Wands optional: intentional thinking and magic

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My altar, on top of a dresser.
My altar, on top of a dresser, decked-out for Yule.

When I was a teenager, I played soccer for three different competitive teams. I was practicing or playing eight times a week for three years (before I was injured and decided that I didn’t want to try to be a pro soccer player after all — I wanted to be a rockstar). During this time, I developed a meticulous pre-game ritual of superstitions: the right shin guard always goes on before the left, then the right sock, then the right shoe, etc. This isn’t uncommon in sports, and in fact studies have shown that superstitions can help athletes perform better. Essentially what a pre-game superstition helped me do was focus my mind and centre myself before beginning something I was anxious or nervous about.

The things that get me anxious or nervous nowadays are, arguably, more important than winning soccer games. Lucky charms and superstitions don’t help me as much, but I’ve adapted my pre-game rituals into a method of intentional thinking and focus that I refer to as spellwork. And I’ve added pretty crystals.

For me, focus, intentional thinking, meditation, prayer, and mindfulness all translate to a clearer trajectory and more successful outcome for whatever task I’m grappling with. It’s helped my mental health, my goal-setting, and focus.


I find that going for a walk when something is weighing me down is helpful to get my mind clear before I do a spell. Along the way I usually pick something up and add it to my altar as a token of the intent I want to focus on. I find that it helps to have a physical object — plus they’re pretty!

Whether or not you’re interested in witchcraft or spells or magic — or any name you want to give this idea — you can totally use similar techniques that I use in spellwork in your everyday life. They can be super helpful in helping you focus and re-centre yourself.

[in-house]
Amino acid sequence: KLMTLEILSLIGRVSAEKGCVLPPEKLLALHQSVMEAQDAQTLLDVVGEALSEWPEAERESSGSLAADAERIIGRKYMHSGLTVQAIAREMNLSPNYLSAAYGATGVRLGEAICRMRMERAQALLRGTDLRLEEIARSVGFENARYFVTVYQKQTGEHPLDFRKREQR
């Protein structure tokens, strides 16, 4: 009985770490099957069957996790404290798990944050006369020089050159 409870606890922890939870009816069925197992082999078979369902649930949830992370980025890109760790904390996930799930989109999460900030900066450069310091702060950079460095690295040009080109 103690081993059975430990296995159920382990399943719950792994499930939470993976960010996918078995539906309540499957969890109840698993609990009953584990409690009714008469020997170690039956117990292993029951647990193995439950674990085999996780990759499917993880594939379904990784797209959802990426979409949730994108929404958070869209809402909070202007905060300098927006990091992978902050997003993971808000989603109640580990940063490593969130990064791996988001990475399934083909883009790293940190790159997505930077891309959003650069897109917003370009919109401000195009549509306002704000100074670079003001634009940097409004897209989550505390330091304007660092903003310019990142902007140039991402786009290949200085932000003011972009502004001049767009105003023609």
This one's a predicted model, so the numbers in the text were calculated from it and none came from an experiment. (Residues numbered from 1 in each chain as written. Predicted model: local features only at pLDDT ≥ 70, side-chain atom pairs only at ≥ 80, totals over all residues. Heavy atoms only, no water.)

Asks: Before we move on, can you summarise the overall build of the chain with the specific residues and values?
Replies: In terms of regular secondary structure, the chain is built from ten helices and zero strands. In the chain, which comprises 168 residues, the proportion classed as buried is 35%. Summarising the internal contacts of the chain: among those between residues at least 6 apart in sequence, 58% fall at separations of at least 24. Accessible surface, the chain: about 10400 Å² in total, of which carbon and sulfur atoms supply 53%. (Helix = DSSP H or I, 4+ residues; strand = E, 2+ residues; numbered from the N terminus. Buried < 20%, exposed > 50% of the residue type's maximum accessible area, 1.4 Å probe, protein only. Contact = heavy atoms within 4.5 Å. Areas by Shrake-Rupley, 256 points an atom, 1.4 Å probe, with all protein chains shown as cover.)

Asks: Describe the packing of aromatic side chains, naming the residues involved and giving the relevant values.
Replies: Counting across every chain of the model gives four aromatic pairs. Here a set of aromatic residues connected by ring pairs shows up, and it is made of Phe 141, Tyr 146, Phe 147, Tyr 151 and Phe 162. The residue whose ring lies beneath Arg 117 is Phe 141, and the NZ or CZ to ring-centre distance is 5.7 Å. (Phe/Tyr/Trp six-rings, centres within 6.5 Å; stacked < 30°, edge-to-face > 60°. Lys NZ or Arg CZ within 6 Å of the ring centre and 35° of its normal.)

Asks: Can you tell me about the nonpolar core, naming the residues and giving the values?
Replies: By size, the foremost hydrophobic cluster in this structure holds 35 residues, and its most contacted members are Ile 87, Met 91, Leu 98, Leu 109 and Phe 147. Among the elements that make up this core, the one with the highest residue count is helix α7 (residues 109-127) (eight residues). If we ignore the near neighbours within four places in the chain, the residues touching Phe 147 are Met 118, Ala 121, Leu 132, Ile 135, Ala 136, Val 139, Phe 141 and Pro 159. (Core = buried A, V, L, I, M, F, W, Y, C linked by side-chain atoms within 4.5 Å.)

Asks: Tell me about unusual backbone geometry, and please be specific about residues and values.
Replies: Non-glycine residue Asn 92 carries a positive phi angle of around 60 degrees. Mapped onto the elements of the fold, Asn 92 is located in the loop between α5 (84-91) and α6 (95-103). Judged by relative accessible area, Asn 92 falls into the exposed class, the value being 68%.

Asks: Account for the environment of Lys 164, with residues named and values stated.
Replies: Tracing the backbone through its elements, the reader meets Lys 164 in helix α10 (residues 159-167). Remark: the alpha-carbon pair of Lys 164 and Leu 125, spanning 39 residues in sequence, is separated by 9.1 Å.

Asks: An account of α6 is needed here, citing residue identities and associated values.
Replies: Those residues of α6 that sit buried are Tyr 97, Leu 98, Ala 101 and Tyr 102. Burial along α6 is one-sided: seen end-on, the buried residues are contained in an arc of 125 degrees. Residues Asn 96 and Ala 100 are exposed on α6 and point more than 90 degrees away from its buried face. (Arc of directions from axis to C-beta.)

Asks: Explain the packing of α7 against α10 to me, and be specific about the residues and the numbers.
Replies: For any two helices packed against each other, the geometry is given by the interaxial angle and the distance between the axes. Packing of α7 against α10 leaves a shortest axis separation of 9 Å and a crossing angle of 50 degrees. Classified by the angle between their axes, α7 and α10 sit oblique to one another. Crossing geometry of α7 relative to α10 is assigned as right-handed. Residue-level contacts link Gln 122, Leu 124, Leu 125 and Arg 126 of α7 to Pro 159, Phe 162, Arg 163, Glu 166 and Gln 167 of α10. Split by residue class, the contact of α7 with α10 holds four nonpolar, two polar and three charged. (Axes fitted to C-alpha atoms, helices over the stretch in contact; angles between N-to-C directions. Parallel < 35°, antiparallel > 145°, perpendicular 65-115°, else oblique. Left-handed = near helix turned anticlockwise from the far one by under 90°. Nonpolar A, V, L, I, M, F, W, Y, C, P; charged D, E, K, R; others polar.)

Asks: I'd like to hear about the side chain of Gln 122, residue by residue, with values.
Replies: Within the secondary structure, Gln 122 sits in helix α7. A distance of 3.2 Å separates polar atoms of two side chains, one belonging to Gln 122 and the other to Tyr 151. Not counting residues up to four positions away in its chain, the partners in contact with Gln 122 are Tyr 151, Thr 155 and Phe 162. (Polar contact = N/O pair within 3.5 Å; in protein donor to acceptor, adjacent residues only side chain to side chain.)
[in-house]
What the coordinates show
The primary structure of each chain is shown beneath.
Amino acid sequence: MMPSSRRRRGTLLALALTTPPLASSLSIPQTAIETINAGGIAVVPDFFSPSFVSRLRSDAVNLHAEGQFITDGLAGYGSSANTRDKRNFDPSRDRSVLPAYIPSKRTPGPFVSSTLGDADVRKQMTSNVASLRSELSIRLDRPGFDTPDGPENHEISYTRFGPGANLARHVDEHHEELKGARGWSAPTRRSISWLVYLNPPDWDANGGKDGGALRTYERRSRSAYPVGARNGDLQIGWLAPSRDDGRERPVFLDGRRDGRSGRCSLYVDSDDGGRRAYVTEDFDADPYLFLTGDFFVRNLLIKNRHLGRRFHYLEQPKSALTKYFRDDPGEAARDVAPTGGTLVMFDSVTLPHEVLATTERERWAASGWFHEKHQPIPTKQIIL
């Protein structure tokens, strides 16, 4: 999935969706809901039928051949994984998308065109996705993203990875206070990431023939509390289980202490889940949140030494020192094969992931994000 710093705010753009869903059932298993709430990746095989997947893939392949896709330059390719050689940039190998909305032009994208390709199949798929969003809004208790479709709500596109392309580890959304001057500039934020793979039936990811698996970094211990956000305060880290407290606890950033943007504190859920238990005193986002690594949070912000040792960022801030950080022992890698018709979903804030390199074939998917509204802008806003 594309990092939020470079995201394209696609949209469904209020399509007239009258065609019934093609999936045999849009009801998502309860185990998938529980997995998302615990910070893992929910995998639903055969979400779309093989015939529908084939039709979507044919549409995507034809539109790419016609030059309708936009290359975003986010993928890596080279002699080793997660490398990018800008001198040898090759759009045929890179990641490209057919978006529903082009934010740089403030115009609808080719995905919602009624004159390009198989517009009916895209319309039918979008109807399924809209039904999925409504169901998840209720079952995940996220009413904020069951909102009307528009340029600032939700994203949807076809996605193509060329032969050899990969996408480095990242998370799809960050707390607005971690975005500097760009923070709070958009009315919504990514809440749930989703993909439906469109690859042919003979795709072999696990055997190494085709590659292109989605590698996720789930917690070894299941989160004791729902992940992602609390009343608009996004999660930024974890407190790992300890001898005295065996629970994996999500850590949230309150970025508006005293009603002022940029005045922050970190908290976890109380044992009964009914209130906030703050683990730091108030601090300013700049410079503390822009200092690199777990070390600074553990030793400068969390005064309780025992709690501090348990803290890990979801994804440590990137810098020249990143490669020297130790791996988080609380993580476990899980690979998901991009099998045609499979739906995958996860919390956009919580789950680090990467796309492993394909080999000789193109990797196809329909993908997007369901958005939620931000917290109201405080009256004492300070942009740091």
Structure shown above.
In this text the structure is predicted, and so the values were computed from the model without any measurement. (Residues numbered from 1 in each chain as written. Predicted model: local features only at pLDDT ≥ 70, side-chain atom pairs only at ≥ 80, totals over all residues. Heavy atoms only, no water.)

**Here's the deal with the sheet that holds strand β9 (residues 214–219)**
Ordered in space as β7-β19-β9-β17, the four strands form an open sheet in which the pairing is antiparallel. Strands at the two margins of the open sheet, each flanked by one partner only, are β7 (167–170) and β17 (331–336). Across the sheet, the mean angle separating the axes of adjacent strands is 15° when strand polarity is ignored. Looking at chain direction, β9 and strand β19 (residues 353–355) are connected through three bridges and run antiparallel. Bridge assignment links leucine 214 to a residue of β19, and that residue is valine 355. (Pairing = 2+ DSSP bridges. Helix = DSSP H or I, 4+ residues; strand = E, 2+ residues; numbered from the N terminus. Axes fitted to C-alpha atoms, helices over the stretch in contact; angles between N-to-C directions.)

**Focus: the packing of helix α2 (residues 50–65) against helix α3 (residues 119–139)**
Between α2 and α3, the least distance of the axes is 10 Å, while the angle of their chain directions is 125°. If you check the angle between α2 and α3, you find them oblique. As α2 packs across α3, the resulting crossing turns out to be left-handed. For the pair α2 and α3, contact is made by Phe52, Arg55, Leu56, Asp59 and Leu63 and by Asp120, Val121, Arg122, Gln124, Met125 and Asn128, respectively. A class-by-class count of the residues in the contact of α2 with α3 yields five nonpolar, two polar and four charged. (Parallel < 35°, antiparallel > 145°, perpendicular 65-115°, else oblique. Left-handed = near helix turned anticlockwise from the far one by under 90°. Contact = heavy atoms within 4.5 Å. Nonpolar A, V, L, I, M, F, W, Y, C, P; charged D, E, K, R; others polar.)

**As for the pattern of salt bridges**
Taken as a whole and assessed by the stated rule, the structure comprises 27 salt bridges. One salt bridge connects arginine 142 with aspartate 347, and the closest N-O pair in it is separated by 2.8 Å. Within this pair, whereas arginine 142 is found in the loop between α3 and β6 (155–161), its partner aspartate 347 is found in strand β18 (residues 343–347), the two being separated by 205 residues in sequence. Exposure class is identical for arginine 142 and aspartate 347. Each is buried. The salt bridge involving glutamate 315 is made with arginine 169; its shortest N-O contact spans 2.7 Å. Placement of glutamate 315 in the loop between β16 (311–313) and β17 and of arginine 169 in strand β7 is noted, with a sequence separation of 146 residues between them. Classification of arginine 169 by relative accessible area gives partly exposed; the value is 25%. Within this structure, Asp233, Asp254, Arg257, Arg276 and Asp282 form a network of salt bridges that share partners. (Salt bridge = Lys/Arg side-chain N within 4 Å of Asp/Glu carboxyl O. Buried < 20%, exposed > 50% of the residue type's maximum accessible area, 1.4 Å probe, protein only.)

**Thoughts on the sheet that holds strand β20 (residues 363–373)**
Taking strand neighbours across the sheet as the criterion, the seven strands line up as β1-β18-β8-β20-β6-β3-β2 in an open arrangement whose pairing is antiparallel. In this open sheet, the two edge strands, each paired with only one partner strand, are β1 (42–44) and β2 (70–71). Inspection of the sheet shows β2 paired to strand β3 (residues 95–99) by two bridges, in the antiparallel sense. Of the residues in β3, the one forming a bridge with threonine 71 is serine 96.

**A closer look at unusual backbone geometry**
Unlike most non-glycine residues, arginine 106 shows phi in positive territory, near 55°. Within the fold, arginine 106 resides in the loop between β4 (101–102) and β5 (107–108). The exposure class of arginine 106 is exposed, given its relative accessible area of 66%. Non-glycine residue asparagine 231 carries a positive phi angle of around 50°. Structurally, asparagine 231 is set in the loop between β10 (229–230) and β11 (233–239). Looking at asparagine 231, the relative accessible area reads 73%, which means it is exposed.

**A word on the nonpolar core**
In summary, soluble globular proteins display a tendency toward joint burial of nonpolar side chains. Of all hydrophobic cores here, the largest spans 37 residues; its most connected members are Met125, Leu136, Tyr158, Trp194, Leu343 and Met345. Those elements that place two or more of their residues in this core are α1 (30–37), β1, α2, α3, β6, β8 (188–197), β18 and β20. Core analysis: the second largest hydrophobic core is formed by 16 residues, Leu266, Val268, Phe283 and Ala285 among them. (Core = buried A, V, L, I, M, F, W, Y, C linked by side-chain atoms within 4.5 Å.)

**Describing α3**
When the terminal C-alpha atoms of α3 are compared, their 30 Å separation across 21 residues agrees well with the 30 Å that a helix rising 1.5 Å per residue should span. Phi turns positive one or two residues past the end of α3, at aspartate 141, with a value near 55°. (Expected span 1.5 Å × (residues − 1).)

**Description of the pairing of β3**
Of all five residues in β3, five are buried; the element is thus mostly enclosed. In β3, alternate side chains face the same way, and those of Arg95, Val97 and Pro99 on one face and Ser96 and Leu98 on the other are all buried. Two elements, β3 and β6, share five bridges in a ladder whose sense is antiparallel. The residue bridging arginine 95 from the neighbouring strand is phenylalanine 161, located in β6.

If you’re interested in giving it a go, try this:

  • Start by clearing a space by physically tidying it up.
  • Envision it getting clear of bad energy, while focussing on your thoughts and clearing your mind. Light a candle (or a dozen…) and watch the smoke. It’ll help you focus and help you visualize the air clearing around you.
  • Spend some time thinking clearly about what you’re trying to work out. Meditate on what’s bothering you, or what you hope to accomplish.
  • Don’t worry about trying to work the problems out — just focus on them.
  • Visualize the outcome you’re hoping for — just like visualizing a victory.
  • I recommend focussing on positivity! Sending out vindictive vibes — though obviously fun — could come back to bite you.
  • Once you’ve narrowed down your thought/wish/prayer/intention, you could write it down as an act of committing it even more, or repeat it out loud like a mantra. You could hold a stone or charm or something while you meditate and envision imbuing it with your hope.
  • If you wrote it down, you could burn the paper or keep it somewhere safe and private, or on display to help you remember.
  • Have faith in your magic and remind yourself that you’ve got the universe on your side!

I keep all my magical stuff on a dresser in my room. I like having it out in the open to remind me to keep thinking positively and keep my eyes on the prize. You can keep your note of intention on your fridge so you see it every day, or even set a reminder on your phone to remind you to think of your spell. The more I reaffirm it, the more the universe wants to help me realize it.

The most important thing when it comes to witchcraft is intent. Whether you’re interested in witchcraft or meditation or intentional thinking or whatever, you should feel comfortable using these strategies to help you concentrate on what you need most.